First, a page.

In the same case, Cheshire prevailed on two other rulings that could be significant for other municipalities. The plaintiffs sued because a tunnel from an abandoned mine was under their properties. Although the town had nothing to do with the creation of the mines, which were constructed in the early 19th Century, the plaintiffs claimed that the town created a nuisance by authorizing the construction of their homes over the remnants of the mine. The Supreme Court held that the construction and zoning approvals were not the cause of any damage to the plaintiffs and upheld judgment in favor of the town.
The plaintiffs also claimed that the town should have posted a warning in the land records office that mines used to be in the town. The Court held that whether or not to post such a sign was discretionary, and that therefore the town was immune from liability for failure to warn.
Microgrid Grant and Loan Pilot Program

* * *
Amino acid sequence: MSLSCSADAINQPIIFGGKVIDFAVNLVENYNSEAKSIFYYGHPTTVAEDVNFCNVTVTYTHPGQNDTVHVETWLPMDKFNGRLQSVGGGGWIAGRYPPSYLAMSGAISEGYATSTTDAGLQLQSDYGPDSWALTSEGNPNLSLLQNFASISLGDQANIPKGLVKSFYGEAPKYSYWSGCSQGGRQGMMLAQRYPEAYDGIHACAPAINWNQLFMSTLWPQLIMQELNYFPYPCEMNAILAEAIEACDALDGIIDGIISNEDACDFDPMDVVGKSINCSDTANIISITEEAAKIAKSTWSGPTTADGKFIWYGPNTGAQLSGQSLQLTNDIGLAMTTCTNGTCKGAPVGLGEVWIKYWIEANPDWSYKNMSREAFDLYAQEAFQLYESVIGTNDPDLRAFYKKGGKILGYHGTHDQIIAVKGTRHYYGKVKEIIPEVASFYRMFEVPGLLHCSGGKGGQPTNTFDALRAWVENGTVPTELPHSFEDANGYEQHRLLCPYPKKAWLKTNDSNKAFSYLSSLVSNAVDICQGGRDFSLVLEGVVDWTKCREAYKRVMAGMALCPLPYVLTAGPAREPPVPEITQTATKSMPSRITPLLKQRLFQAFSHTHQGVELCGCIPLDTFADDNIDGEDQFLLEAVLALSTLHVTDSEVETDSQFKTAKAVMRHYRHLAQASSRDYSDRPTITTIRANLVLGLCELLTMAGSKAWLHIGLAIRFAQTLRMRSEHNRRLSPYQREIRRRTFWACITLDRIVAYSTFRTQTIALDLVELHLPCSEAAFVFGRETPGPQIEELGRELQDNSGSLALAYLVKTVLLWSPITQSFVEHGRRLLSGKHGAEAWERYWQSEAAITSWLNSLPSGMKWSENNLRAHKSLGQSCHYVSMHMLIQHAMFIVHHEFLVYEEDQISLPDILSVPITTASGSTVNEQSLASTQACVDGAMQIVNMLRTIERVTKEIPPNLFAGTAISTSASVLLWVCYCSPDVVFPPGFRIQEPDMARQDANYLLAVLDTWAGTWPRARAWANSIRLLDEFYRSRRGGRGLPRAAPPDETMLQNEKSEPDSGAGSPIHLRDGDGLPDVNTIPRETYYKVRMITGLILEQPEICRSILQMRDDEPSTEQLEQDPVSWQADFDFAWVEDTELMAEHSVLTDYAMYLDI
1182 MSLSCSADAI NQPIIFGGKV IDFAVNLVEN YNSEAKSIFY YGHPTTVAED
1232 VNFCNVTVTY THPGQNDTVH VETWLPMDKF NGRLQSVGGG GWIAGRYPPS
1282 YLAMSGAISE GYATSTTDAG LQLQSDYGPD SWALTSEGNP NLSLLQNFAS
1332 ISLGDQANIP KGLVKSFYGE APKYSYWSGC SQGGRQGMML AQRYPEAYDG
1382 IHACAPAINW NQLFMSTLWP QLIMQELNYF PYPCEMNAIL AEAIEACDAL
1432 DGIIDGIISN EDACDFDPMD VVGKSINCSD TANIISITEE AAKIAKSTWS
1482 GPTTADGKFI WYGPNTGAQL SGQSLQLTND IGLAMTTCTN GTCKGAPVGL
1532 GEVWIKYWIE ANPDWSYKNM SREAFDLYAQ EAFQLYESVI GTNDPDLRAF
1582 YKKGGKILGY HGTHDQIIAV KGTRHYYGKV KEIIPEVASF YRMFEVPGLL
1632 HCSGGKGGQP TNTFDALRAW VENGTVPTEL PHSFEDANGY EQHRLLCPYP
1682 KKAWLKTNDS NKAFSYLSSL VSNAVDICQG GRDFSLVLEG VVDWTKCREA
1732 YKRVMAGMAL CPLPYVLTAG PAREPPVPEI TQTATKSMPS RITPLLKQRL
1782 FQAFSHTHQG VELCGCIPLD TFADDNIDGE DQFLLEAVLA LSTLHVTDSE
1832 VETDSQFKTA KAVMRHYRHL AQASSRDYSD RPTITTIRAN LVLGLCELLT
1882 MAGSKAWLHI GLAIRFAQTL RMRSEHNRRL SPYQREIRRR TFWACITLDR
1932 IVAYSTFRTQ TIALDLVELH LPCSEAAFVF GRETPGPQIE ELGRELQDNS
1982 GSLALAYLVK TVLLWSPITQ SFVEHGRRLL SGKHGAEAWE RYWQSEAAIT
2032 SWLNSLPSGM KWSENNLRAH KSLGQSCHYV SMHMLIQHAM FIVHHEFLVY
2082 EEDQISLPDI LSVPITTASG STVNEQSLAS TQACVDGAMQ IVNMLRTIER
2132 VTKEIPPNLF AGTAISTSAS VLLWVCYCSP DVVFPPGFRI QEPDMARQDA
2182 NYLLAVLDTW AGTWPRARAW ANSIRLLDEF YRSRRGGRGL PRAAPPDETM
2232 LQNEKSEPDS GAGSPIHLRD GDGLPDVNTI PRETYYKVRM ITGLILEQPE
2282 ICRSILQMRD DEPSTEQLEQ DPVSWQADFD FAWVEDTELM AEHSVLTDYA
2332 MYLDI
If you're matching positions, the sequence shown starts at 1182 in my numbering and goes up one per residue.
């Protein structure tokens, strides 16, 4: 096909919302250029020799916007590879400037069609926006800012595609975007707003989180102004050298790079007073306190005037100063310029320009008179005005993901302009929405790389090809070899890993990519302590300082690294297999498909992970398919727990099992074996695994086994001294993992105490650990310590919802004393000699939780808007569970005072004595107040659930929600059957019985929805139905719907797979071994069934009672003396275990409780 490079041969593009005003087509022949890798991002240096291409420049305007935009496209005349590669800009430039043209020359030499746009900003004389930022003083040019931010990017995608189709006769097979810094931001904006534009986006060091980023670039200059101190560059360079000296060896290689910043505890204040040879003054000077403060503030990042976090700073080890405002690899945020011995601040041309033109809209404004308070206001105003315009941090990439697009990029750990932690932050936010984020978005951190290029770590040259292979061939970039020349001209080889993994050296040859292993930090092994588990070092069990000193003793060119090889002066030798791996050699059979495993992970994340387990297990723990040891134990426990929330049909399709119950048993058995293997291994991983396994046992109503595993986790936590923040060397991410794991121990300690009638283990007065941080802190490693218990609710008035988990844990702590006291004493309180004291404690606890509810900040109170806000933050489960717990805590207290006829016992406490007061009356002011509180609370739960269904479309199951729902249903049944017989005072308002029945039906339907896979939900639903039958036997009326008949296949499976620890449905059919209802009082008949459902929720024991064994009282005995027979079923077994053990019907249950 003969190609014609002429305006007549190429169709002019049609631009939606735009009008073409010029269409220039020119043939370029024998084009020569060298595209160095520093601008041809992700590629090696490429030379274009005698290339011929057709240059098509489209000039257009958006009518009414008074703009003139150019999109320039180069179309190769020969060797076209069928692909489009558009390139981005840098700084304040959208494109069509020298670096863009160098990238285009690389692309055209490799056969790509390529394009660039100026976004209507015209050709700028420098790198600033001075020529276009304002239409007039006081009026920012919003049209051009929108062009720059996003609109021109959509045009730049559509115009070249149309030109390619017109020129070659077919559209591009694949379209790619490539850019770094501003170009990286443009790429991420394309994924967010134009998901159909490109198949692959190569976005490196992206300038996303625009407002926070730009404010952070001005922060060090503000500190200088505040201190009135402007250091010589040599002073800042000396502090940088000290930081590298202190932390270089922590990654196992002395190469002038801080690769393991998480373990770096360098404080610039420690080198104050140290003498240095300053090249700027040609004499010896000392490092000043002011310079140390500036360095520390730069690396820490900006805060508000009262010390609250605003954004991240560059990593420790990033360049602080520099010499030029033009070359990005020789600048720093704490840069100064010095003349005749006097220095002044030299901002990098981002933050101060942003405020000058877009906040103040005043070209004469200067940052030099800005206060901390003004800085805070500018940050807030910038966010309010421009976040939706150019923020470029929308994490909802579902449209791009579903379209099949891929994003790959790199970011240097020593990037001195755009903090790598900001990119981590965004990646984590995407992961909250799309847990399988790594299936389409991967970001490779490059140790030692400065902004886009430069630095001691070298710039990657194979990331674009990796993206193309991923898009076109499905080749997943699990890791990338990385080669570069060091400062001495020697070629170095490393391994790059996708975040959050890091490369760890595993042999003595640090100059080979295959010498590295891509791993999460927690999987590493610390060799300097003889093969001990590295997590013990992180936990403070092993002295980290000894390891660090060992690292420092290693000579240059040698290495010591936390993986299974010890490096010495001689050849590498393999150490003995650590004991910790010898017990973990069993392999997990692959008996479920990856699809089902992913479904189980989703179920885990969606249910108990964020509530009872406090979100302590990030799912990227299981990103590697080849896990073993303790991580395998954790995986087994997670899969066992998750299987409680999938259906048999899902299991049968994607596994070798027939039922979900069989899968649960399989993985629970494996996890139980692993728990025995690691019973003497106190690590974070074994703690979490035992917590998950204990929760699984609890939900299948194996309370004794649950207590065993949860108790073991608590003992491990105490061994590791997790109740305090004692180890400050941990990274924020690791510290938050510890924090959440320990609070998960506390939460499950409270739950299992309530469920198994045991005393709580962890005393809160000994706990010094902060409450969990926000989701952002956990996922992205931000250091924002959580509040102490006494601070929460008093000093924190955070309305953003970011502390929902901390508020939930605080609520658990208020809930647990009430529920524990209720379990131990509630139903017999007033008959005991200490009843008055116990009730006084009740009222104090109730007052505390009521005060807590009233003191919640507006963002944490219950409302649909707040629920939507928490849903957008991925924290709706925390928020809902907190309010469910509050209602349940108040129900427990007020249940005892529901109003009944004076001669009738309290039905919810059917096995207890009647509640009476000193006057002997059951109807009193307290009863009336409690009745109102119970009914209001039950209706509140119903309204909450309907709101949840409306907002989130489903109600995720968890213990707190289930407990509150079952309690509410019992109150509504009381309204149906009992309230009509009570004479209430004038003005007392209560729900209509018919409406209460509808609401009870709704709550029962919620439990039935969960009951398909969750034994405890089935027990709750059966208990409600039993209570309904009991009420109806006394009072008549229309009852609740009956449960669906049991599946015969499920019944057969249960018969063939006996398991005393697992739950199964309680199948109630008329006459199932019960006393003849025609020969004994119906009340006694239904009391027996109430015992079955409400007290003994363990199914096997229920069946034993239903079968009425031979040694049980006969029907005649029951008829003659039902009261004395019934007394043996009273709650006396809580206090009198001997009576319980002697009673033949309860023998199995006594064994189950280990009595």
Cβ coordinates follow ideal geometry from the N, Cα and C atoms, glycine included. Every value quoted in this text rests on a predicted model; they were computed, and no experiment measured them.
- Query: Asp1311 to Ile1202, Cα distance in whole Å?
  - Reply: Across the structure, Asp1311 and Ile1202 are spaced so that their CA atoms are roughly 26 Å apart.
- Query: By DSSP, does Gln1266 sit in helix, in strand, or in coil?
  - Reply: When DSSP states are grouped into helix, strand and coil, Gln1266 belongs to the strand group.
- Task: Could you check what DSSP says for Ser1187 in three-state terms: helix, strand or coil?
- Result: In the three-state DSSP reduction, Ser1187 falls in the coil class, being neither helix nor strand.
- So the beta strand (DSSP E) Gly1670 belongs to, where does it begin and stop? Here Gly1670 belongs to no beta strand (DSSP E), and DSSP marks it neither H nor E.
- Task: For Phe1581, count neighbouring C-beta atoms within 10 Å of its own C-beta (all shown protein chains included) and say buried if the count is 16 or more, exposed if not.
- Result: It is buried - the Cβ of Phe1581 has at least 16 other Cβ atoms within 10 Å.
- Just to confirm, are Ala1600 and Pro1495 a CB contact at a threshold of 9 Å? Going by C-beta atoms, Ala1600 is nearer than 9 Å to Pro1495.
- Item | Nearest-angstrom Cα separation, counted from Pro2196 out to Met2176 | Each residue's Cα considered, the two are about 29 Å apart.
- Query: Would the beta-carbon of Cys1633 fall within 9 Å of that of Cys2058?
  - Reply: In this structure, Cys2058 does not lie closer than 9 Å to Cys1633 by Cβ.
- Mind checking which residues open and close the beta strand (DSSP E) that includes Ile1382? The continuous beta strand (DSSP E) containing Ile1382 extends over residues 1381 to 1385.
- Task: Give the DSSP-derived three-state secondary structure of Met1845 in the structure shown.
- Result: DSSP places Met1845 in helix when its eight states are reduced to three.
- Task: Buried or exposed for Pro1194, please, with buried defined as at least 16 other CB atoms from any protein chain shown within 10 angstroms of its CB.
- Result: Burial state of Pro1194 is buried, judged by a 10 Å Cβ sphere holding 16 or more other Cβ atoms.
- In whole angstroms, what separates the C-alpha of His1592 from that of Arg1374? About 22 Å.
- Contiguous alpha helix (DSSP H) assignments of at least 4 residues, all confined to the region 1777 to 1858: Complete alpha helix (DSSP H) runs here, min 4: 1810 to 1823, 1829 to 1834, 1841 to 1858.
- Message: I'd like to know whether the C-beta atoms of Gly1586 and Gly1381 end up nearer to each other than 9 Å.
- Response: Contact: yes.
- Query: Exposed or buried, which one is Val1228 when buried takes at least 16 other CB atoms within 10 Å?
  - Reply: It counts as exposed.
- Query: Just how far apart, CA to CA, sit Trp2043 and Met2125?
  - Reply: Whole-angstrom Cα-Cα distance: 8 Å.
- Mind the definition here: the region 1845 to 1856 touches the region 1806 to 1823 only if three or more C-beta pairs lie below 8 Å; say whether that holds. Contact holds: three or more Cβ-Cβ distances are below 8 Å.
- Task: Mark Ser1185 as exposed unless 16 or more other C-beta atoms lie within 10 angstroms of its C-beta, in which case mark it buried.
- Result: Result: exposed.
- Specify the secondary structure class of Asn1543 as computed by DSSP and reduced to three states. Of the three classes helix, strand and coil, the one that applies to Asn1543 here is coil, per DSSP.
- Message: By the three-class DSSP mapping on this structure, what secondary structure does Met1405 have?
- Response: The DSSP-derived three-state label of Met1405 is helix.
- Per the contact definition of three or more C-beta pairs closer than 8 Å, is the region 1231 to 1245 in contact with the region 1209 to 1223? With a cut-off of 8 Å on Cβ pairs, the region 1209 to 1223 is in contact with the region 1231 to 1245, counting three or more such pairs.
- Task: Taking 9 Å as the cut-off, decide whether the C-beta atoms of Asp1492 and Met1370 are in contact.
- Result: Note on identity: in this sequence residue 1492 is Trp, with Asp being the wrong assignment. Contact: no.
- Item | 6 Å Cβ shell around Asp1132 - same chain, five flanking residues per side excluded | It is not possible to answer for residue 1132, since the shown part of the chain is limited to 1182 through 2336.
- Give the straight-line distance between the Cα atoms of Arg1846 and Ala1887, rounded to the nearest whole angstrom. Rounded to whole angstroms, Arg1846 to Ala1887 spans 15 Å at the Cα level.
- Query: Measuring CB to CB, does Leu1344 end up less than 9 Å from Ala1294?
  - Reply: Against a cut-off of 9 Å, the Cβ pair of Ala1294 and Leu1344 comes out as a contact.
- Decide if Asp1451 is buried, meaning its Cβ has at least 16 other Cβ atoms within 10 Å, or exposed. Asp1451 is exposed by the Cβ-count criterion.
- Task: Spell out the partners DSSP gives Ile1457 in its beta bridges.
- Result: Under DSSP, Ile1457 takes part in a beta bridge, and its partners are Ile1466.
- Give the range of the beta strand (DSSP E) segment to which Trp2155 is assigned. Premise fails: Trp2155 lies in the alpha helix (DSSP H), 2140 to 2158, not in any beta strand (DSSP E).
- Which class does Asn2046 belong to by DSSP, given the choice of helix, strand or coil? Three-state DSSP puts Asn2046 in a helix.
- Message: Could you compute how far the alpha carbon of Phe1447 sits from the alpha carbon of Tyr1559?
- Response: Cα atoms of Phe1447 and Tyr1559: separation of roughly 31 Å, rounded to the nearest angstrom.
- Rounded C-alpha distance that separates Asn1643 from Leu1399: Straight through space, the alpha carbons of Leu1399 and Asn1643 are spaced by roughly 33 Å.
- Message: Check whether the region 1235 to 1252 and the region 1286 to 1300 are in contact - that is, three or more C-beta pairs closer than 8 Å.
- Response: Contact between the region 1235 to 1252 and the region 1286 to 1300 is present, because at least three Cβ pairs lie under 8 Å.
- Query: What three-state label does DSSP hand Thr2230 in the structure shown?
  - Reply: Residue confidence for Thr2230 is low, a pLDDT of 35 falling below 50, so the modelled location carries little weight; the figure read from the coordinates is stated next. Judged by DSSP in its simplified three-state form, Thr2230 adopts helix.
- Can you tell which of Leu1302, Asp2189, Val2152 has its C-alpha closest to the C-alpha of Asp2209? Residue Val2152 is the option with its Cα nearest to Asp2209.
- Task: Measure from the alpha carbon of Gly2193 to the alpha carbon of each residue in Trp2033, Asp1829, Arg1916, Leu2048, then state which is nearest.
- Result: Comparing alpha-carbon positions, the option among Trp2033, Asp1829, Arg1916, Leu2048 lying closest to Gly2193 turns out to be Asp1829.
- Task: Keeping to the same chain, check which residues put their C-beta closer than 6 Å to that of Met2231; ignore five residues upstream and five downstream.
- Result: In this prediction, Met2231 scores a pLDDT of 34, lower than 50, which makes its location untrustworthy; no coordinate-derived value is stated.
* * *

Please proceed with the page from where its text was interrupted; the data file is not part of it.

Section 7 of Public Act 12-148 (the "Act") requires the Department of Energy and Environmental Protection ("DEEP") to establish a $15 million Microgrid Grant and Loan Pilot Program ("Microgrid Program"). The purpose of the Microgrid Program is to solicit proposals from municipalities and other interested stakeholders to build microgrids in order to support Critical Facilities during times of electricity grid outages. Critical Facilities are generally those facilities that that have some or all of the following characteristics: provide support for national security; act as a command center; act as an emergency shelter; and/or provide access to food, fuel, money, or medication. Examples of Critical Facilities specifically identified under the Act and by DEEP include any hospital; police station; water treatment plant; sewage treatment plant; public shelter; correctional facility; any commercial area of a municipality, and a municipal center as indentified by the chief elected official of the municipality; military bases; communications towers; fueling stations; food distribution centers; and mass transit.